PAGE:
When The Canaries called David James of Mudshark Recording Studios, they initially wanted to record a few songs and then call it quits. With Olivia Both heading to New York and Mackenzie Felbab having moved to Hawaii, The Canaries felt the band was only a temporary grind, a fun thing to do for a few months and then move on to separate lives. But the vastly different New York lifestyle and hefty student loan debt had felt like too much for Both, and she came back to Flagstaff.
“When the band first started it had an expiration date,” says Sean Golightly. “When [Both] came back in to town it was like lightning in a bottle. Like, this thing that had this expiration date can go on in perpetuity, and it’s really exciting to see what that future holds.”
From the The Canaries EP release show Nov. 10 to being the first featured band on Mudshark’s new Sovereign States label, the future holds much for The Canaries.
But the past holds equal weight for the band members, with their history buried in rich memories of friendship and love.
“When listening to us you probably wouldn’t immediately characterize us as a garage band,” laughs Golightly.
But that’s where The Canaries first started. One day, after picking up an out-of-tune piano from Craigslist, Both and Emma Zimmer immediately began sharing songs.
“[Both] showed me a song that she wrote and we started singing it together and we realized that we could do something with this,” says Zimmer.
Both and Zimmer share songwriting duties for most of the songs on The Canaries EP, and their songs touch tenderly on youth and love and life, seen through the eyes of people who feel the complexities of existence, people who feel no other way to clean up that clutter than by putting those feelings into a song.
In “The Stranger,” Both sings about a high school love who had moved to New York after graduation. After a few years, when Both decided to attend Columbia University in New York, she finally saw him again, but it was like seeing him for the first time.
“[The Stranger is] about the realization that, even after having such a close relationship, time and distance can basically turn you into strangers,” said Both. “We were really young when we were together, and these past five years have turned us into very different people and it was interesting to see him again and see who he has become after all these years.”
Songs like “Washington” touch on the unpredictable circumstances which lead to the end of one relationship and the start of another, with layers of harmonies by Both, Zimmer and Golightly, each as pleasant and as desperate as wind, singing, “Seven feet I was down, and I didn’t even know how long you’d be around/and the queen of hearts don’t matter if I see you again.”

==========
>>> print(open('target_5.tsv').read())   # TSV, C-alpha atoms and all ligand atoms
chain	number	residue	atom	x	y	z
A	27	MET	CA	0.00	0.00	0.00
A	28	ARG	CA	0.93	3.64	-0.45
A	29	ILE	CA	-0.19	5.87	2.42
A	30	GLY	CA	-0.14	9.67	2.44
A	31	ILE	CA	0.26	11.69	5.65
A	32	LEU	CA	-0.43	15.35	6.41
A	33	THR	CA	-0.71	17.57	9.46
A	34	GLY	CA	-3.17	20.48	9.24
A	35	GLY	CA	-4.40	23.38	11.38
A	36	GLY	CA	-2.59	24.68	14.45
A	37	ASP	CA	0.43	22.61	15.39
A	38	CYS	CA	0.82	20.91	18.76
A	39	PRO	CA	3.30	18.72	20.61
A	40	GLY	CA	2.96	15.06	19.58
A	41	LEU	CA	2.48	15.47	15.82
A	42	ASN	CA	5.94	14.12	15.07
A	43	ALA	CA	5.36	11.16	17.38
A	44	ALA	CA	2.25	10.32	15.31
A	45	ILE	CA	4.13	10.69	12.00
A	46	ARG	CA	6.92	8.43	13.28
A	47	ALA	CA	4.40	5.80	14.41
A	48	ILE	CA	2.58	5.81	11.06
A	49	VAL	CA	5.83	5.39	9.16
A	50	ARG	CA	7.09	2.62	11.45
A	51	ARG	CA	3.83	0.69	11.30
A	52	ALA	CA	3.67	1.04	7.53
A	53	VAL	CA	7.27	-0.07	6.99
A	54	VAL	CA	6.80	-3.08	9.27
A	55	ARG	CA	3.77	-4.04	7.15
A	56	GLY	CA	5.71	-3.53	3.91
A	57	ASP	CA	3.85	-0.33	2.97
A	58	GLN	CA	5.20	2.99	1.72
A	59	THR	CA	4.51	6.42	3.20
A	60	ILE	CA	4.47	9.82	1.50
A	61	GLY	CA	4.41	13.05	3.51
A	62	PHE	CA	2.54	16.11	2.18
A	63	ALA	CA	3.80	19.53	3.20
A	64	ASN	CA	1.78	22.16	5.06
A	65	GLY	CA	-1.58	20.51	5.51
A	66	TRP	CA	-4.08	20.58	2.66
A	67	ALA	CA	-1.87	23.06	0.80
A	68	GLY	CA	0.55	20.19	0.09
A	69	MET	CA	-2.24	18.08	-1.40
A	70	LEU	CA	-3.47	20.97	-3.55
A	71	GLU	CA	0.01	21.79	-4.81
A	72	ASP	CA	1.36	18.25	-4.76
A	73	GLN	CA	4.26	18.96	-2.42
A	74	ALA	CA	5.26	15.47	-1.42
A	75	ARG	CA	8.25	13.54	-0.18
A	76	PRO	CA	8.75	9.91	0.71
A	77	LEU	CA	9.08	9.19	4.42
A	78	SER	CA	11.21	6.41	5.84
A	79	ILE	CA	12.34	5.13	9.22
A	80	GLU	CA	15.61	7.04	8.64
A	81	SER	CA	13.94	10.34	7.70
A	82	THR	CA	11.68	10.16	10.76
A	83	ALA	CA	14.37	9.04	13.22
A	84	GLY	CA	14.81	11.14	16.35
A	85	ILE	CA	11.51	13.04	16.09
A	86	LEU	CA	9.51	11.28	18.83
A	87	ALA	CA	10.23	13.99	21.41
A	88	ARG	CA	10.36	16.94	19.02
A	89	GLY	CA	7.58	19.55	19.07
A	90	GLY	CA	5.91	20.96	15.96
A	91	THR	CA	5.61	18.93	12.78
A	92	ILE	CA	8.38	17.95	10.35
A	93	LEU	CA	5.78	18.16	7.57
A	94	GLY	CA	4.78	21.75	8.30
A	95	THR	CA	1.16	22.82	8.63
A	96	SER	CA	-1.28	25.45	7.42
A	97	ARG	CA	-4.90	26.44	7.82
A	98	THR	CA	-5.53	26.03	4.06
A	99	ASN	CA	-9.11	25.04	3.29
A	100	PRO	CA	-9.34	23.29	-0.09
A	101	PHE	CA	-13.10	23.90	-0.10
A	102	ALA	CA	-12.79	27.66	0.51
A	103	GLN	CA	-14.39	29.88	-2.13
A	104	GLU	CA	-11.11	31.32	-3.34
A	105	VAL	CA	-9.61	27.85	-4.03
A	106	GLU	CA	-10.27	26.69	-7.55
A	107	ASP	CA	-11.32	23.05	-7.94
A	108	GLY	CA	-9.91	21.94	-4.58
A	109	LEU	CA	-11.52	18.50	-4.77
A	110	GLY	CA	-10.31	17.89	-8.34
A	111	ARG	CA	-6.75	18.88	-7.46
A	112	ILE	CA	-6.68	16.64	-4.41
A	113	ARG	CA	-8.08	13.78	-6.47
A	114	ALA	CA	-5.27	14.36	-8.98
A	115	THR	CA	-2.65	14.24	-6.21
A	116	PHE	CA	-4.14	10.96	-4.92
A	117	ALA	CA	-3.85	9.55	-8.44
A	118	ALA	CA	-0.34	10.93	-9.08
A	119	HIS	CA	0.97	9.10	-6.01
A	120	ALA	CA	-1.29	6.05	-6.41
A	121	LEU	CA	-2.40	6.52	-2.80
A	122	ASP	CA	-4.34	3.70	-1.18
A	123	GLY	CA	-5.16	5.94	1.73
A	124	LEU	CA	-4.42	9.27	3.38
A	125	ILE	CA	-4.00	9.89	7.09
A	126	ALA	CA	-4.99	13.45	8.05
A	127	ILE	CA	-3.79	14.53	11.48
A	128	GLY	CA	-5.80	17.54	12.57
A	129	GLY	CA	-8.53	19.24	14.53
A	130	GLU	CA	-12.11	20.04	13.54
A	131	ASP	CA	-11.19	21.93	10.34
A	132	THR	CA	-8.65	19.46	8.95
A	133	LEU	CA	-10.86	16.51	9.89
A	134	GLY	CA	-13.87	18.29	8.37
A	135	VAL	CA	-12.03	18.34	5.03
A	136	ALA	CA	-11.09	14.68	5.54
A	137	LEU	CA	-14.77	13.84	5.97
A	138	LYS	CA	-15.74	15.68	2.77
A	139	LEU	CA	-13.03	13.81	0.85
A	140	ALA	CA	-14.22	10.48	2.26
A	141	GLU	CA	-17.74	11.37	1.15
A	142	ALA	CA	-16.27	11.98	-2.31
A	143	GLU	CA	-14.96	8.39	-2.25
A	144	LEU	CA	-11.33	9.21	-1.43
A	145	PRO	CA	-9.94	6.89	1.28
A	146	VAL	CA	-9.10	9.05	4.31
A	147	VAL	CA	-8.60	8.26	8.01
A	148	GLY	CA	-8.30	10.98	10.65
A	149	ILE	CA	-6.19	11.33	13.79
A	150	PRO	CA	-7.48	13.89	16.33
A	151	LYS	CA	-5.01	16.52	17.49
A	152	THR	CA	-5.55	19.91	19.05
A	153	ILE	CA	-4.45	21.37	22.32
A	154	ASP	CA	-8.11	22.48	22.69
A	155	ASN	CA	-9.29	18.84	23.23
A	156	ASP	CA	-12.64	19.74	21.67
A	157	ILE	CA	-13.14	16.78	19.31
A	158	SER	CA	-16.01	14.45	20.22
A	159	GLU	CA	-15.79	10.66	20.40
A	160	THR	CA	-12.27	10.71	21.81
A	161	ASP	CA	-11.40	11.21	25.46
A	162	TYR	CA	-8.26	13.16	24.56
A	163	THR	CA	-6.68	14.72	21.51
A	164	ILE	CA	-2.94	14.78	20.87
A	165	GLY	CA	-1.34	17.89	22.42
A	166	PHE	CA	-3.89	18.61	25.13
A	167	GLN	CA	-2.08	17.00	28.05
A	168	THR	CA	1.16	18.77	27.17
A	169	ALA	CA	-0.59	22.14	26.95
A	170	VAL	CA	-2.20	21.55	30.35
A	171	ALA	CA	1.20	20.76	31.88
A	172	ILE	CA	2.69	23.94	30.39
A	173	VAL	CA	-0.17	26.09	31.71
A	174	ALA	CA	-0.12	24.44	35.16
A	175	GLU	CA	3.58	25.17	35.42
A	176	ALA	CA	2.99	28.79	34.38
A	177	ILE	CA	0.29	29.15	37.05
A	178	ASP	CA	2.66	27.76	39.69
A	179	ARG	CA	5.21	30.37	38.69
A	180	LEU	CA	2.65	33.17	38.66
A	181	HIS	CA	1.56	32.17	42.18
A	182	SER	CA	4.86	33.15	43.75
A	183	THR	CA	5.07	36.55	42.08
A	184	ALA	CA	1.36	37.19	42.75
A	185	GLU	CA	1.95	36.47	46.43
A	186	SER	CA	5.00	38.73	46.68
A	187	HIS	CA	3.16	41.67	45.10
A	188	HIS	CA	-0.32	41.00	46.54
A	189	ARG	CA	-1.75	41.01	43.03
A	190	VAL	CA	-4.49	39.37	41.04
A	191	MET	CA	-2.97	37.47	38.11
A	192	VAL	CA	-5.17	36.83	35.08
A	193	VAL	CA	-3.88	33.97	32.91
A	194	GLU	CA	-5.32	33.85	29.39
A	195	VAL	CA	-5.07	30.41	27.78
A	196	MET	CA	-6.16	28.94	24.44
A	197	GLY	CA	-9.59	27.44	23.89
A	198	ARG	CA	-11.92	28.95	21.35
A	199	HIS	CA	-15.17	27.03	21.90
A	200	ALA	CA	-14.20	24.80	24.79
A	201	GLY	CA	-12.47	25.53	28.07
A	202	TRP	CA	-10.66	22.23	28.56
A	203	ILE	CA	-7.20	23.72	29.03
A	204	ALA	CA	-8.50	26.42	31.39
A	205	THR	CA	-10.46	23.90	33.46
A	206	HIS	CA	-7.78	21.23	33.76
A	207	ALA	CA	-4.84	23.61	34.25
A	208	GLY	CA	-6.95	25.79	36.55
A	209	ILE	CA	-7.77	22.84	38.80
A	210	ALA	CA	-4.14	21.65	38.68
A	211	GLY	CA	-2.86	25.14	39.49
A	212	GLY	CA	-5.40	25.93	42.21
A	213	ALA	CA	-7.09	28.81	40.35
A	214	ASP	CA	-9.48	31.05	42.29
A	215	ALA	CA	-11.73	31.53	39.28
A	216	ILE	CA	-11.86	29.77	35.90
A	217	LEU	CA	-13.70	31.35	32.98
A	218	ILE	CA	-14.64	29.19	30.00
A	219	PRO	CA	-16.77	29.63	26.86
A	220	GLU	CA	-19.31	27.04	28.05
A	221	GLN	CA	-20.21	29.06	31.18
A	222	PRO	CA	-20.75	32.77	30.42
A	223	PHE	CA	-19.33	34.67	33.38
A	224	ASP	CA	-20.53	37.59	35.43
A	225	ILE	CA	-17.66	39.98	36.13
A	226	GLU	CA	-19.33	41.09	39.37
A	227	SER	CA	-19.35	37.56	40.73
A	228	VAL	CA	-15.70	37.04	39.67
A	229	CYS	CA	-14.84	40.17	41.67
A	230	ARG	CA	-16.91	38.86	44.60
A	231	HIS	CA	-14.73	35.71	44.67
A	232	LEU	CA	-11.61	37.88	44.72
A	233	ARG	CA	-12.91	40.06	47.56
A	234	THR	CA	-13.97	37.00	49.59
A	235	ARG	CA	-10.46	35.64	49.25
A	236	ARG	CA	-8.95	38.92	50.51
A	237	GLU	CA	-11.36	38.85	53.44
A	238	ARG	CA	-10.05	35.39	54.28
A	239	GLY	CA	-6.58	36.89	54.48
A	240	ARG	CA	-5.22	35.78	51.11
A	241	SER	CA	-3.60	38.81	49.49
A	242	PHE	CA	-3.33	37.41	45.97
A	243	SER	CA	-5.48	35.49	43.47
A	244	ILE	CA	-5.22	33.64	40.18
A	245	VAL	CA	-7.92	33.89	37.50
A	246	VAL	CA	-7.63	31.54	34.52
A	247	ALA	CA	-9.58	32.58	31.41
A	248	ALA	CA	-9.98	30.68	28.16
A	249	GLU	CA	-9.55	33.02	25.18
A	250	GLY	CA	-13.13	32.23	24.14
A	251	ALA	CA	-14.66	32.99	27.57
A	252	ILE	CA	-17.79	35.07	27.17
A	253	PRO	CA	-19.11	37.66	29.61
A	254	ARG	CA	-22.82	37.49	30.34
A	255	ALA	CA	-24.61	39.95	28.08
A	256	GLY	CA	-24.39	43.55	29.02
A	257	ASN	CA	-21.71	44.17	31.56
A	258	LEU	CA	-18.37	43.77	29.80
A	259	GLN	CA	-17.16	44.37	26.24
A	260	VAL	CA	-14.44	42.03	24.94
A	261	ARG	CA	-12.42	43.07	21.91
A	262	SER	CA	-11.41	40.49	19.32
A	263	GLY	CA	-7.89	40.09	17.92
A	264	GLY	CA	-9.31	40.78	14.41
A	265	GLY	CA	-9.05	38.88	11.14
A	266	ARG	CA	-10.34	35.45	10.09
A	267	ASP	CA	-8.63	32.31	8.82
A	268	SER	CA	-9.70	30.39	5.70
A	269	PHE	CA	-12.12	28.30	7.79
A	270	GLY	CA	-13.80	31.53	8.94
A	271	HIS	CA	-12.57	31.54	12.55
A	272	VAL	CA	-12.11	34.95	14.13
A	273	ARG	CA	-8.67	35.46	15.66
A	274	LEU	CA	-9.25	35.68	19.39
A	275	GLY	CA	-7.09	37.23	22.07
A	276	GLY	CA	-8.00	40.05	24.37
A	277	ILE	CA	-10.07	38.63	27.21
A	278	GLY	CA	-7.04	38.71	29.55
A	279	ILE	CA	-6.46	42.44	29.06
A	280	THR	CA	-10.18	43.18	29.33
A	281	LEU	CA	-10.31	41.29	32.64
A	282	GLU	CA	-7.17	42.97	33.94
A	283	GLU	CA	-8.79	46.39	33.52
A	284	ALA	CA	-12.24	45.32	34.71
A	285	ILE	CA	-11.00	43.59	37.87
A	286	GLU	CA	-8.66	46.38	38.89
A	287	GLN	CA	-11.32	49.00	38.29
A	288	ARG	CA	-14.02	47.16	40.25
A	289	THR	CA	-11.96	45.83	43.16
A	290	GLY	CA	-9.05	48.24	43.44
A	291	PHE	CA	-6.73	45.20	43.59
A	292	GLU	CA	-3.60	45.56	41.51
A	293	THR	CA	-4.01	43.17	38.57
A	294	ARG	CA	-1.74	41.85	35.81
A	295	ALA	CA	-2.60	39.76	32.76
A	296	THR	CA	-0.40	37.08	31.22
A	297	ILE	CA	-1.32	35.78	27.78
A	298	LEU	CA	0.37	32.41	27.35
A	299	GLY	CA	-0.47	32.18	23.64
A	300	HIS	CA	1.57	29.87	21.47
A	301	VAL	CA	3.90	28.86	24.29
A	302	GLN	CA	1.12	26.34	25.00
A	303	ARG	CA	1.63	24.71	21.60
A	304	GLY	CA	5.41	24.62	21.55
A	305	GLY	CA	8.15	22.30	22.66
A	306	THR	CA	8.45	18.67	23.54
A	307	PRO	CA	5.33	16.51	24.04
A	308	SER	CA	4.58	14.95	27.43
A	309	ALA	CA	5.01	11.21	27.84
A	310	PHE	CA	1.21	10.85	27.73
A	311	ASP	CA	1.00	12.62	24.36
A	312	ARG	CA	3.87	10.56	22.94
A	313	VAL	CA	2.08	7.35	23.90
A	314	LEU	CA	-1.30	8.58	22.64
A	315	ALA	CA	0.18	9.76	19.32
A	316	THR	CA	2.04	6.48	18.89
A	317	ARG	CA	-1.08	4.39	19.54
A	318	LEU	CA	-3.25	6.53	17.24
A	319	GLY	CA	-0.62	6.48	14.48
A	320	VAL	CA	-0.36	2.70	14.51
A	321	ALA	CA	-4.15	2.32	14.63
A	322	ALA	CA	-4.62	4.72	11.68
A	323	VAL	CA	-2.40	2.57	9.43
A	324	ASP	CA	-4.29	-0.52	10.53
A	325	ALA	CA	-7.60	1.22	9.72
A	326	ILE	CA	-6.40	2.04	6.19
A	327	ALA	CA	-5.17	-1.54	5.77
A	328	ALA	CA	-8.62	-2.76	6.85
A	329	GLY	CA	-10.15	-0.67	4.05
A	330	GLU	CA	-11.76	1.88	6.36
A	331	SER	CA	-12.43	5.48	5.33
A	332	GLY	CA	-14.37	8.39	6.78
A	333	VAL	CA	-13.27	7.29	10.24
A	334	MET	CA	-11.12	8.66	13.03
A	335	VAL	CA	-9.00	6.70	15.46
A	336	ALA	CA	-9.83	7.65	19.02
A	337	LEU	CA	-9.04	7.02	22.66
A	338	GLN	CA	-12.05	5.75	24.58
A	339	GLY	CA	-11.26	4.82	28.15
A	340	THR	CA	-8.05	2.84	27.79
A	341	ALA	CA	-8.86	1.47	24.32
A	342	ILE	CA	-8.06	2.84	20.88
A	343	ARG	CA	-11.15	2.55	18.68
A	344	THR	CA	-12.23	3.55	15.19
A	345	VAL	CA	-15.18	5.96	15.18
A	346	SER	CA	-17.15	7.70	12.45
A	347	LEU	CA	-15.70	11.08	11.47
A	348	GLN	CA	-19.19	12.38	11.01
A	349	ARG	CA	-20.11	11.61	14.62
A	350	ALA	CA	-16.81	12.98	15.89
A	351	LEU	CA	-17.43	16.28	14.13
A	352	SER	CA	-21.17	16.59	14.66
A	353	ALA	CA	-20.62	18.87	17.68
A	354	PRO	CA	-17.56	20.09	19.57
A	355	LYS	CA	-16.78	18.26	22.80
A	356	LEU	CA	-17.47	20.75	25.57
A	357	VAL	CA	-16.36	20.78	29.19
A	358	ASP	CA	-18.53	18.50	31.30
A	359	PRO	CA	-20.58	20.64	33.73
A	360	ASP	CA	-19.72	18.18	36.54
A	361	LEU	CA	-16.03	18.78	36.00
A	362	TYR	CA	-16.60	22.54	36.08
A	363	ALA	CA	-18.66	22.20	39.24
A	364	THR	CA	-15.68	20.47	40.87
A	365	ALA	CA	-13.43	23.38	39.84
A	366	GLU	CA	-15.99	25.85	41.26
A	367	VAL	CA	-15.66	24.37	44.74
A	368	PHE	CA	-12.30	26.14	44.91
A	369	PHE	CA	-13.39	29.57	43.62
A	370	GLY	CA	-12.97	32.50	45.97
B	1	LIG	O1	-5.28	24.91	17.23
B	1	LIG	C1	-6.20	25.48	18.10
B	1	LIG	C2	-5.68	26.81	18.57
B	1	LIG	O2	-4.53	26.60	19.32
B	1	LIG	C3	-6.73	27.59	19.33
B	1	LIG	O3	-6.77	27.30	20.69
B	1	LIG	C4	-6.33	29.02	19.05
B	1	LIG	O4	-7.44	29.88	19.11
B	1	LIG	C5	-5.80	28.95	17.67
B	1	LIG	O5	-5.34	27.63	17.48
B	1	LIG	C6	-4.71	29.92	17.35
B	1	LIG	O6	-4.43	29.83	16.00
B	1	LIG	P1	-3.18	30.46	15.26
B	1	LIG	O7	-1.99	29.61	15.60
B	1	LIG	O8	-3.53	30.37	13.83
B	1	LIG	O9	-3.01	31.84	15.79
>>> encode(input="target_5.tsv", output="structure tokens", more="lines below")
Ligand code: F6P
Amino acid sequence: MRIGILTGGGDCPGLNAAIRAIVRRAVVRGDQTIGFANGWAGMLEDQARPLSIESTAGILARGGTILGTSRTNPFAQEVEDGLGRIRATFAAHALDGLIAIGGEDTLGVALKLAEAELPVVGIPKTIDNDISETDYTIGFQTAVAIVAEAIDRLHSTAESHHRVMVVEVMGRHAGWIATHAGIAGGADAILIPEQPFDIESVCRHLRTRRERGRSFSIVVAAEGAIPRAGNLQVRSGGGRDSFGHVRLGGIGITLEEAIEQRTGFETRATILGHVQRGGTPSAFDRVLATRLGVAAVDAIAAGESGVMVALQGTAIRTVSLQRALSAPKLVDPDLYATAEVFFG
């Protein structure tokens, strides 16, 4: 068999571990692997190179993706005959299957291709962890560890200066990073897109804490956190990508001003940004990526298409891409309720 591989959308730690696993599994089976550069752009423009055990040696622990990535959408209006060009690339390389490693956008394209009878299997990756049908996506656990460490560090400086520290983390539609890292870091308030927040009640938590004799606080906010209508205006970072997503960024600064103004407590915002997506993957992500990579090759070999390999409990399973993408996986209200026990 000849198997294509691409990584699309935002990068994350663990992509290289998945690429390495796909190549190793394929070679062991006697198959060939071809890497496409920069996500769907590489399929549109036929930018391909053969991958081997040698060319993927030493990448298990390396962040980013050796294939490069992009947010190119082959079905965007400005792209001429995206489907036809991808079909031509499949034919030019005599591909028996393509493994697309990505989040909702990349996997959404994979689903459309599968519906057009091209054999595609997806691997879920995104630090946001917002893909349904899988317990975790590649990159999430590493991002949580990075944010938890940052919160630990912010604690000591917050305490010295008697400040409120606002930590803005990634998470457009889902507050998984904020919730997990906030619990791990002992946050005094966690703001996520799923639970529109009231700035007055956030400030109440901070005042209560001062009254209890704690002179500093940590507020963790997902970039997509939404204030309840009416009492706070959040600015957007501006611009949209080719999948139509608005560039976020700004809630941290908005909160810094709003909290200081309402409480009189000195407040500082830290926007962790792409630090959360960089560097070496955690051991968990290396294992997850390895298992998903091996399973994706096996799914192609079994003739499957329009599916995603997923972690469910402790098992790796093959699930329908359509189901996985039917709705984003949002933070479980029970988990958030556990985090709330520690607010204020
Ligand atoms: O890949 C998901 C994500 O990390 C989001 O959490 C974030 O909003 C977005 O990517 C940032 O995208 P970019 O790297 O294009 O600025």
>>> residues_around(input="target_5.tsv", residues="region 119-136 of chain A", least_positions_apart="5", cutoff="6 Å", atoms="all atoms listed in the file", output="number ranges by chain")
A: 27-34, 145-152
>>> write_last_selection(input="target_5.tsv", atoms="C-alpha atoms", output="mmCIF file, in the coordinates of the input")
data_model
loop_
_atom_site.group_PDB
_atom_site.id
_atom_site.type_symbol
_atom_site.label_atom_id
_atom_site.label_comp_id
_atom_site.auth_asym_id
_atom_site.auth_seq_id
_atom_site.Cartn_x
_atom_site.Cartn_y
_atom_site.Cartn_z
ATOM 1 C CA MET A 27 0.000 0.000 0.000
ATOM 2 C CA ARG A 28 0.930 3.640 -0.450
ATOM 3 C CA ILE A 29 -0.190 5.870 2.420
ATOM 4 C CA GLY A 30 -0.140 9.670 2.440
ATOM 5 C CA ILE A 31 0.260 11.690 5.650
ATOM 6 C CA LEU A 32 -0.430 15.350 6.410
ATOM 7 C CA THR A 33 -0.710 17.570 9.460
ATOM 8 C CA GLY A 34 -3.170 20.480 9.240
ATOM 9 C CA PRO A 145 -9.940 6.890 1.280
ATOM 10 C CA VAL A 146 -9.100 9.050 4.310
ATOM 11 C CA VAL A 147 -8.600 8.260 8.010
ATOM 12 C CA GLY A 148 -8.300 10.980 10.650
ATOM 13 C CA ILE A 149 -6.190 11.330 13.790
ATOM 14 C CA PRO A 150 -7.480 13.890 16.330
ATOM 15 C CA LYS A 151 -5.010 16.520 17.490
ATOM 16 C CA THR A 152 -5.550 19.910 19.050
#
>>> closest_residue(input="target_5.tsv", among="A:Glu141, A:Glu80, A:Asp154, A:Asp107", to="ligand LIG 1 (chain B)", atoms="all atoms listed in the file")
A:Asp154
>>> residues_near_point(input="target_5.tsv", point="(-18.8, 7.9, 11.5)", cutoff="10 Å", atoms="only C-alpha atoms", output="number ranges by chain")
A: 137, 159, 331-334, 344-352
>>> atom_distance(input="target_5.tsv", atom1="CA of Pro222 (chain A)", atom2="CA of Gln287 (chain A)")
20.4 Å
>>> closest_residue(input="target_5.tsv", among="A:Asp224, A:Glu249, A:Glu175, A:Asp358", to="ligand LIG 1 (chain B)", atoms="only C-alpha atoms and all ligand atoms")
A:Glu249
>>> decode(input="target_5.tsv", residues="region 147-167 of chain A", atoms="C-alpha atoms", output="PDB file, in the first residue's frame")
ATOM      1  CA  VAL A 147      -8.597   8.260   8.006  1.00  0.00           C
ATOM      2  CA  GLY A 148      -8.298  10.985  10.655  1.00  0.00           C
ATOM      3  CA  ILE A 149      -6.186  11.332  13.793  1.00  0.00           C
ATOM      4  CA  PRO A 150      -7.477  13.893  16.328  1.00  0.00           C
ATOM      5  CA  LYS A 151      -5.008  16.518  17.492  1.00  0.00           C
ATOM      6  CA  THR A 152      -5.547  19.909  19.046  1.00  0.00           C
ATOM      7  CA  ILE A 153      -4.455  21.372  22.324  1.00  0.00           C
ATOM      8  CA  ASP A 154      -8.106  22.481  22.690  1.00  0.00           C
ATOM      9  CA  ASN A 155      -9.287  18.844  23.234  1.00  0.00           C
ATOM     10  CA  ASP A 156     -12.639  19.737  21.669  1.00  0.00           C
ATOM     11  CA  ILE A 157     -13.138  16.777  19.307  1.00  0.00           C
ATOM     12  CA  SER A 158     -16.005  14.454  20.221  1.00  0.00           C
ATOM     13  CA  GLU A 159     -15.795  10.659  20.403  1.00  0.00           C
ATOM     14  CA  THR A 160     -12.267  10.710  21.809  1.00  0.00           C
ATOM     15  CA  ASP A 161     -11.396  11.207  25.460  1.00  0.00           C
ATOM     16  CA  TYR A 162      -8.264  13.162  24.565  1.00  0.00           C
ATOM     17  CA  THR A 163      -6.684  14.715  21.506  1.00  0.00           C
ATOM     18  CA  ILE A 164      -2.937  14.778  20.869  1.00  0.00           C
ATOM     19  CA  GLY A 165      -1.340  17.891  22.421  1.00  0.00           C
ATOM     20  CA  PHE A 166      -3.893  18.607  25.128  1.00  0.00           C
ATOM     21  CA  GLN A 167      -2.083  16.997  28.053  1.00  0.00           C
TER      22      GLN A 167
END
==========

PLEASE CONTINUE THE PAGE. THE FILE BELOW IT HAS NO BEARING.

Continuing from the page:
“[‘Washington’ is a] reflection of how people can be pretty selfish in relationships, and even when we know that we're not in the right place to be in a committed relationship, we try anyway because being in a relationship is comfortable,” explains Both.
Other songs such as “No Bad Days” and “1979” speak more of earnest moments, of happiness in love and how, despite its complications, love breaks, shapes and defines us as individuals.
“These songs are about moments in our lives, things we've experienced,” says Zimmer. “And it's crazy to be able to look back and see the completely different spot we are at now and the songs that have come after.”
With the added aura of a band with an unsure future, The Canaries EP is delicate and desperate, a somber meditation on experience, with songs like the mountain air—calm and gentle, cold and harsh.
And as James and The Canaries began the three-day process of tracking, editing and mixing The Canaries EP, his idea for starting a label once again surfaced.
“[The recording] was kind of a sad thing,” says James. “It was under the pretense that, ‘we just want to record this thing. It’s more like a class-ring type of idea.’ Something to remember it by. But then they came in and I heard the songs and I thought, ‘These deserve more attention.’”
Sovereign States has been an idea that had been floating around since a conversation he had with Eli Katz during a Tiny Bird recording session, but with The Canaries, the label finally seems to be taking flight. It has plans to record the band’s next album in the legendary Tony Visconti studio in London in February. There the band will hook up with other local musicians and producers for focused sessions as well as shows, all while experiencing the culture of London, another experience to write and sing about.
“I had totally thought this project was done. Then all of a sudden it just took off with this momentum,” says Golightly. “But it’s also really humbling to feel that fortunate. It makes us want to work very hard. These opportunities don’t just happen, and to give the respect that is deserved of the kind of opportunity we’ve been offered is tantamount and will determine how much we can get out of our experience.”
The Canaries will release its The Canaries EP during the Mudshark Anniversary Party at Firecreek Coffee Company Friday, Nov. 10, with Proud Mother and Four Cornered Room. For more information, visit The Canaries’ Facebook page: https://www.facebook.com/thecanariesflagstaff/